Can there be multiple units stacked in a given location and if so, can a unit go entirely unnoticed?

Yes, in the case of a board game and no in the case of a miniatures game. And yes.

Wednesday, December 6, 2017

GameBrain: the time penalty

In designing the two-tier answer system for GameBrain, it was obvious that correct fill-in-the-blank answers had to be worth more than correct multiple-choice answers because they are much harder. However, when we decided to incentivize faster multiple-choice answers by reducing the value of a correct answer by as much as fifty percent if the maximum amount of time (10 seconds) was utilized, this raised the question of whether we should apply the same point-reduction to the fill-in-the-blank answers as well.

However, we ultimately decided against that, because it would give an advantage to players who read faster and type faster. Reading faster isn't much of an advantage in multiple choice because the question has already been read and the timer starts anew when one moves from FIB to MC. But typing faster is a big advantage, particularly when there could be a 12-point difference in six seconds. So, we decided to keep a flat point reward for fill-in-the-blank no matter what portion of the 12 seconds is used, and start the penalty gradient for multiple choice at the 3-second mark.

This playtests well, and the only potential issue that remains is if there should be any penalty for waiting most of the 12 seconds one has to do FIB before hitting the spacebar and moving to multiple choice.

Tuesday, December 5, 2017

Submission time

We've decided to go ahead and submit Elveteka. We've also put a short gameplay video up on YouTube.

Tuesday, August 1, 2017

Battle Report: July 29th

Another week, another war in Minaria. This game was just a quick two-player one between Werepuppy(as Shucassam and later Rombune) and myself(as Immer). Early on, Immer managed to get Muetar and Hothior as allies. Shucassam gained Rombune and summoned barbarians to aid their campaigns. From here, we begin.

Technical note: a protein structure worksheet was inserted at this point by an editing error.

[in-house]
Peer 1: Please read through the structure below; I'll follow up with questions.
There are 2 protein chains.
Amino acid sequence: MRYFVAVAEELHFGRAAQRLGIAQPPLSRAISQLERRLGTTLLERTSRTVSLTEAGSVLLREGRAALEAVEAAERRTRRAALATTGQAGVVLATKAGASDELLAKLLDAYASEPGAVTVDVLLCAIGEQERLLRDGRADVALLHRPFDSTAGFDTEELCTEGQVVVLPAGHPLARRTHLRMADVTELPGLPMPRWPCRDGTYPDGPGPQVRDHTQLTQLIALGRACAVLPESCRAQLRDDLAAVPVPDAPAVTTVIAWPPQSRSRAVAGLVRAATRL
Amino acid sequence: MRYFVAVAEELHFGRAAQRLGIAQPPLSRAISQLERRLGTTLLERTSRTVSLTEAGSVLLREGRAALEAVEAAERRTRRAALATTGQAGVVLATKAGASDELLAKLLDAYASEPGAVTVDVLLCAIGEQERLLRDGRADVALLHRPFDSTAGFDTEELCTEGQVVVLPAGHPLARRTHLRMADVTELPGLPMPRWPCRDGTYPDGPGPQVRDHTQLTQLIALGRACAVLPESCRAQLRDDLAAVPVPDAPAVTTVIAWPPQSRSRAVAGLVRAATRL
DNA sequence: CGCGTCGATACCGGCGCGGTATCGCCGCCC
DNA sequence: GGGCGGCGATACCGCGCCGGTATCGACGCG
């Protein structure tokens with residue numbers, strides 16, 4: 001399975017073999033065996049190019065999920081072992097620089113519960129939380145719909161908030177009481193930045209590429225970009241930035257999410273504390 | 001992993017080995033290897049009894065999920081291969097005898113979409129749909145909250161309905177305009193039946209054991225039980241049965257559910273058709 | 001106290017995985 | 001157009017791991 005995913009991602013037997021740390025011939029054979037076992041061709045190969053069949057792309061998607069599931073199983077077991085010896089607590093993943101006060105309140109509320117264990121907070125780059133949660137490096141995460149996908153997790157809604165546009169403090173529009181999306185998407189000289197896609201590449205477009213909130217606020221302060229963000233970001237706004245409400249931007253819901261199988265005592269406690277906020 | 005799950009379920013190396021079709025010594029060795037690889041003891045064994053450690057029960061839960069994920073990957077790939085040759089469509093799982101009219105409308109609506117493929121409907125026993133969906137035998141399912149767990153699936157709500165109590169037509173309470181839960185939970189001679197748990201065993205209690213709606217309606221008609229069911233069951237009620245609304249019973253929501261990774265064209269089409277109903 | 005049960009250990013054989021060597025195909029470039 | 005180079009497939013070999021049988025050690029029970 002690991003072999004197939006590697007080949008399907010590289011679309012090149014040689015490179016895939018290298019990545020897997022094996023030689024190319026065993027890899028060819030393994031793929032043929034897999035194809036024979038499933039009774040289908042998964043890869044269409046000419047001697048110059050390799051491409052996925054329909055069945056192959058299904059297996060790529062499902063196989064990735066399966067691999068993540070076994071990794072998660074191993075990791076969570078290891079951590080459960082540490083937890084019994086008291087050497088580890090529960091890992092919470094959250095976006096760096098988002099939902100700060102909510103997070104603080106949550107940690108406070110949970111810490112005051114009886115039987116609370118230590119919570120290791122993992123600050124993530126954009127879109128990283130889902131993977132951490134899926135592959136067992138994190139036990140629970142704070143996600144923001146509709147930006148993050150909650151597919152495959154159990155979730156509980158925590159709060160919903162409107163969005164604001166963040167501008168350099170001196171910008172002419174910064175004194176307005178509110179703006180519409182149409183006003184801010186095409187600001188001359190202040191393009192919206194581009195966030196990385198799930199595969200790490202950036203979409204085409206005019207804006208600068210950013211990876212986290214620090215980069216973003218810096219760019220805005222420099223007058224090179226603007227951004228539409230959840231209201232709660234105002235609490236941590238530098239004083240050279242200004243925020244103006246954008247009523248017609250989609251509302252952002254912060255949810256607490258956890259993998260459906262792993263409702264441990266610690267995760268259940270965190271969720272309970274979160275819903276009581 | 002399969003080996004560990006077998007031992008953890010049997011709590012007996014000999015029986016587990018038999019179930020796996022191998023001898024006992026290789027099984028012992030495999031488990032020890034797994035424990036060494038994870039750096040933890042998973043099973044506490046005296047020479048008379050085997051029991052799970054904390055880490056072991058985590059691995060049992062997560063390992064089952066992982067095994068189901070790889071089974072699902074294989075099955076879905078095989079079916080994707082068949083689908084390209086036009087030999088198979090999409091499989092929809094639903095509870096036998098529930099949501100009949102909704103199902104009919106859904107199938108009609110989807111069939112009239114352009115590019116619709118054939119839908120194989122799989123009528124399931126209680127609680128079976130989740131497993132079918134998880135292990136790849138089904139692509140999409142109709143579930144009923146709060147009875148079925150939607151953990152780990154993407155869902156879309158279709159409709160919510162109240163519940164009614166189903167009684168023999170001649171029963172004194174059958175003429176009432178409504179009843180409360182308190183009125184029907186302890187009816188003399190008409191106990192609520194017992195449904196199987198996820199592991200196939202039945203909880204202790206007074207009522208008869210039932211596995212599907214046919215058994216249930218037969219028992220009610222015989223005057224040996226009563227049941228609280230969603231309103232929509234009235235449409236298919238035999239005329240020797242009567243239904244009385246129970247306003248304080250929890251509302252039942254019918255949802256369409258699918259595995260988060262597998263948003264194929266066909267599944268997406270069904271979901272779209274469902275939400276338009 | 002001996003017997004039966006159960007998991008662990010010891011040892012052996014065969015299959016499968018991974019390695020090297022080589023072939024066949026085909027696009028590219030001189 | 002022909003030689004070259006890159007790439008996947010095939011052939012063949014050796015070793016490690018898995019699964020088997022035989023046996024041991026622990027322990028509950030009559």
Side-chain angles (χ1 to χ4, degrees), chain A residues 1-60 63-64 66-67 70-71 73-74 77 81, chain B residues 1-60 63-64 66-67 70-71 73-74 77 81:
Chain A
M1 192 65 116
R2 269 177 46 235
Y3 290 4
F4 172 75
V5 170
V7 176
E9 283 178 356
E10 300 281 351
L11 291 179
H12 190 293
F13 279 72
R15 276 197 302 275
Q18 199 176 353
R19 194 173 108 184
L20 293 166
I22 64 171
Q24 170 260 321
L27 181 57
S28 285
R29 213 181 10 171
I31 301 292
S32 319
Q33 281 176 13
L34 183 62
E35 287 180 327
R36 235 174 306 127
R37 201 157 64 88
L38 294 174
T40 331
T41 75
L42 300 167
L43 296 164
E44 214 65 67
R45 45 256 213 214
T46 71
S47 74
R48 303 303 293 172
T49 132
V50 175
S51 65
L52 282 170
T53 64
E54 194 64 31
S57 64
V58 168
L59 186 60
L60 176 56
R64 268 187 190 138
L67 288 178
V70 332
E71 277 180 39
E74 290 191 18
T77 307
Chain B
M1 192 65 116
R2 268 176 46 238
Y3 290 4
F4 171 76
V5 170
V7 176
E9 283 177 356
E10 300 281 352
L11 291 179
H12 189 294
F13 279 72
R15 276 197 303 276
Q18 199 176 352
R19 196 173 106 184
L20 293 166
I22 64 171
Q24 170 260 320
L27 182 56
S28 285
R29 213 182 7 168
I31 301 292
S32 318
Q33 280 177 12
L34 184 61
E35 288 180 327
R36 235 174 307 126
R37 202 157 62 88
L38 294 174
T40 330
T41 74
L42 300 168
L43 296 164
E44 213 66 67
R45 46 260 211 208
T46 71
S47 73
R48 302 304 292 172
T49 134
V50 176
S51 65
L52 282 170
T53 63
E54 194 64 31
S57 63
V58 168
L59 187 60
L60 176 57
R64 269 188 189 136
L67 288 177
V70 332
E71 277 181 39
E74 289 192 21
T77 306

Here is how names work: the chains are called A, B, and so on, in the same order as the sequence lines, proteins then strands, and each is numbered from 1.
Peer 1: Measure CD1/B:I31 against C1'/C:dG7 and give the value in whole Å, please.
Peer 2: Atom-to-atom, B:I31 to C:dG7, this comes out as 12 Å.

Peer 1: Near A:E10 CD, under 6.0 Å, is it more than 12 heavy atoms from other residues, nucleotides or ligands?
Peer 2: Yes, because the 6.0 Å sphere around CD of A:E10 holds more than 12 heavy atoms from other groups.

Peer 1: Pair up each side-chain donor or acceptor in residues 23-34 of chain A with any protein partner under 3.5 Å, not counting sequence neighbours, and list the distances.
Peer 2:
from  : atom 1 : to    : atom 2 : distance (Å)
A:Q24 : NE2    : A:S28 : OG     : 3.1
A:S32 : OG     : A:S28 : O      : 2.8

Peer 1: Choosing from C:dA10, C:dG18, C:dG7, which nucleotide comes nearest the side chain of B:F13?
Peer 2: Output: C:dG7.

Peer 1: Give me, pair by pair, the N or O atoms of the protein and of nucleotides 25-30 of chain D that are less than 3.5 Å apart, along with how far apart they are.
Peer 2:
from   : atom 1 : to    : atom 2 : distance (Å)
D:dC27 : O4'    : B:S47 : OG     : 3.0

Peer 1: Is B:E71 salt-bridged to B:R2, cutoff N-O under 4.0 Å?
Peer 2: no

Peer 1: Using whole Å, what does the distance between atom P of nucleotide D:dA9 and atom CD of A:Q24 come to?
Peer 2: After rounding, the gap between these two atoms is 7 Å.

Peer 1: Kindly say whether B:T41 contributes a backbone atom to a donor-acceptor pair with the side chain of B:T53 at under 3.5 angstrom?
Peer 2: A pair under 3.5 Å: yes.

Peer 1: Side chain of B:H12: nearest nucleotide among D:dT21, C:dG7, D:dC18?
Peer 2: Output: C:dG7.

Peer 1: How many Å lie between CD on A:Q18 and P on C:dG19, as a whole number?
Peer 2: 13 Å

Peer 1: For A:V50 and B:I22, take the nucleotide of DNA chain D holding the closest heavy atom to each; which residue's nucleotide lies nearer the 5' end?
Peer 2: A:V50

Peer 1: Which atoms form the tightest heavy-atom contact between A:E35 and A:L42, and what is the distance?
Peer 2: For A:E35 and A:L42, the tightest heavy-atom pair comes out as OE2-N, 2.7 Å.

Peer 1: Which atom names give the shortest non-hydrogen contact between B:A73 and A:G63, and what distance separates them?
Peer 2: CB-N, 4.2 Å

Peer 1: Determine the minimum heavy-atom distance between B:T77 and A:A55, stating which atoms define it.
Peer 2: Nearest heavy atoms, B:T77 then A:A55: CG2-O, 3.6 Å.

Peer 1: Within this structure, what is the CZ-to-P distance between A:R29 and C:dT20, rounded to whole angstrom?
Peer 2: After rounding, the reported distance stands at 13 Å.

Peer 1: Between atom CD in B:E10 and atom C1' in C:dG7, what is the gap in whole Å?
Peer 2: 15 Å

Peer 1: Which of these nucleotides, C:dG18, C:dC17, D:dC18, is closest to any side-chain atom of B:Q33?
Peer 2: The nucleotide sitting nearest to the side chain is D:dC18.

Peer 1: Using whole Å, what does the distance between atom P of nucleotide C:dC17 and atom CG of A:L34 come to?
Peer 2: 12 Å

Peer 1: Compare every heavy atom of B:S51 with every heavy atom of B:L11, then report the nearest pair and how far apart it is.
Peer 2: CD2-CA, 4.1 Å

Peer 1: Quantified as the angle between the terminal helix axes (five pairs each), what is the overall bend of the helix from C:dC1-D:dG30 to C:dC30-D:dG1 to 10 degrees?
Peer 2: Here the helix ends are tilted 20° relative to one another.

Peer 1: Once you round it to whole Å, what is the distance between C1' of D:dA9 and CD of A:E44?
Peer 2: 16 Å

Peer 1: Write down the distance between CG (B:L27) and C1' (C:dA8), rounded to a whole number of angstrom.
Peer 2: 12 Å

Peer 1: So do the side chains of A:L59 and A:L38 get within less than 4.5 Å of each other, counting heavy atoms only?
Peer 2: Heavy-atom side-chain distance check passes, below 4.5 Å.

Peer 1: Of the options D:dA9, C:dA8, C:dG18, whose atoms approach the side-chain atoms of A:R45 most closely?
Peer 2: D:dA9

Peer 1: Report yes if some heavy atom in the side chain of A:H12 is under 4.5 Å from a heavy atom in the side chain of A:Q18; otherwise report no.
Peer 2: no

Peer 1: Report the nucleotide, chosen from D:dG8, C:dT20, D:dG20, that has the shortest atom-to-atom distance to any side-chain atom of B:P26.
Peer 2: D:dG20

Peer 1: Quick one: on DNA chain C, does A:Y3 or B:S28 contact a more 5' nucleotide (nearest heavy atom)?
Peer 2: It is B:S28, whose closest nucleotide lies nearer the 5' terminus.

The most pivotal early battle in this session happens just outside Beolon on the Downs. A roughly even fight between the massed forces of Immer and the Shucassami alliance, ends poorly for Shucassam. With the monarch of the desert kingdom perishing in the battle. Shucassam falls into confusion, its attempt at hegemony failed. 

Tuesday, July 25, 2017

Battle Report: July 22nd

Again we come to Minaria. This week is actually a continuation from the July 1st game, between lastRedoubt, Jared, and yours truly. Who are playing as, the Trolls, Pon and, the Black Hand respectively. 

Last time, Pon was far and ahead in the lead in both power and victory points. They count both Shucassam and Muetar as their allies. The Trolls were second in power but, had allied themselves with Zorn and Hothior. The Black Hand is last, having lost allies left and right, including Shucassam and Immer. From here, we begin. 

Tuesday, July 18, 2017

Battle Report: July 16th

Alright after a brief hiatus last week, we have another battle report this week. Where Aerospyke, Jared, Werepuppy and, yours truly vie for the dominance of Minaria through our avatars. Who are the monarchs of the Dwarven kingdom, Zorn, Mivior and, the Elvish kingdom. From here, we begin.

In the far northern reaches of the great forest of Neuth, the Elves move against the Dwarves at their outpost of Aws Noir.

Monday, July 10, 2017


Spudbox wanted to know about my inspiration. The dictionary definition isn't that different from "motivation": the process of being mentally stimulated to do or feel something. What is it really?

It also means "where do your ideas come from?" Let me see if I can answer that more interesting question now that I've completed the title screen music.

First I looked at the title screen art. This image has been featured on this blog before. (Hat tip HereAndNow.)

What stands out here? The light shining down from the heavens through the tower to the statues staring down onto the monarch, and monarch looking up at the statues. I get a sense of the monarch being aware of this exact moment in history, and comparing himself to the great men of the past. Also, the light, the tower, and the army signify the marriage of martial and magical forces.
The image evokes physical sensations as well. Between the stone and the light, a sense of brightness and heaviness, all at once.

Do I think about this consciously? No. I'm observing my emotional reactions and how my eyes follow the various elements on the screen.

Then I studied the game's lore. An ancient empire. The Scarlet Witch King. The Cataclysm. The Fall of the Lloroi. Barbarian tribes becoming kingdoms. The war for Minaria. In all this, the fall of the Lloroi stood out. It sets up everything that follows - perfect for the title screen. Now I was working with light, stone, magic, war, and the fall of an ancient, powerful race.

Keeping these elements in mind, I wrote this piece.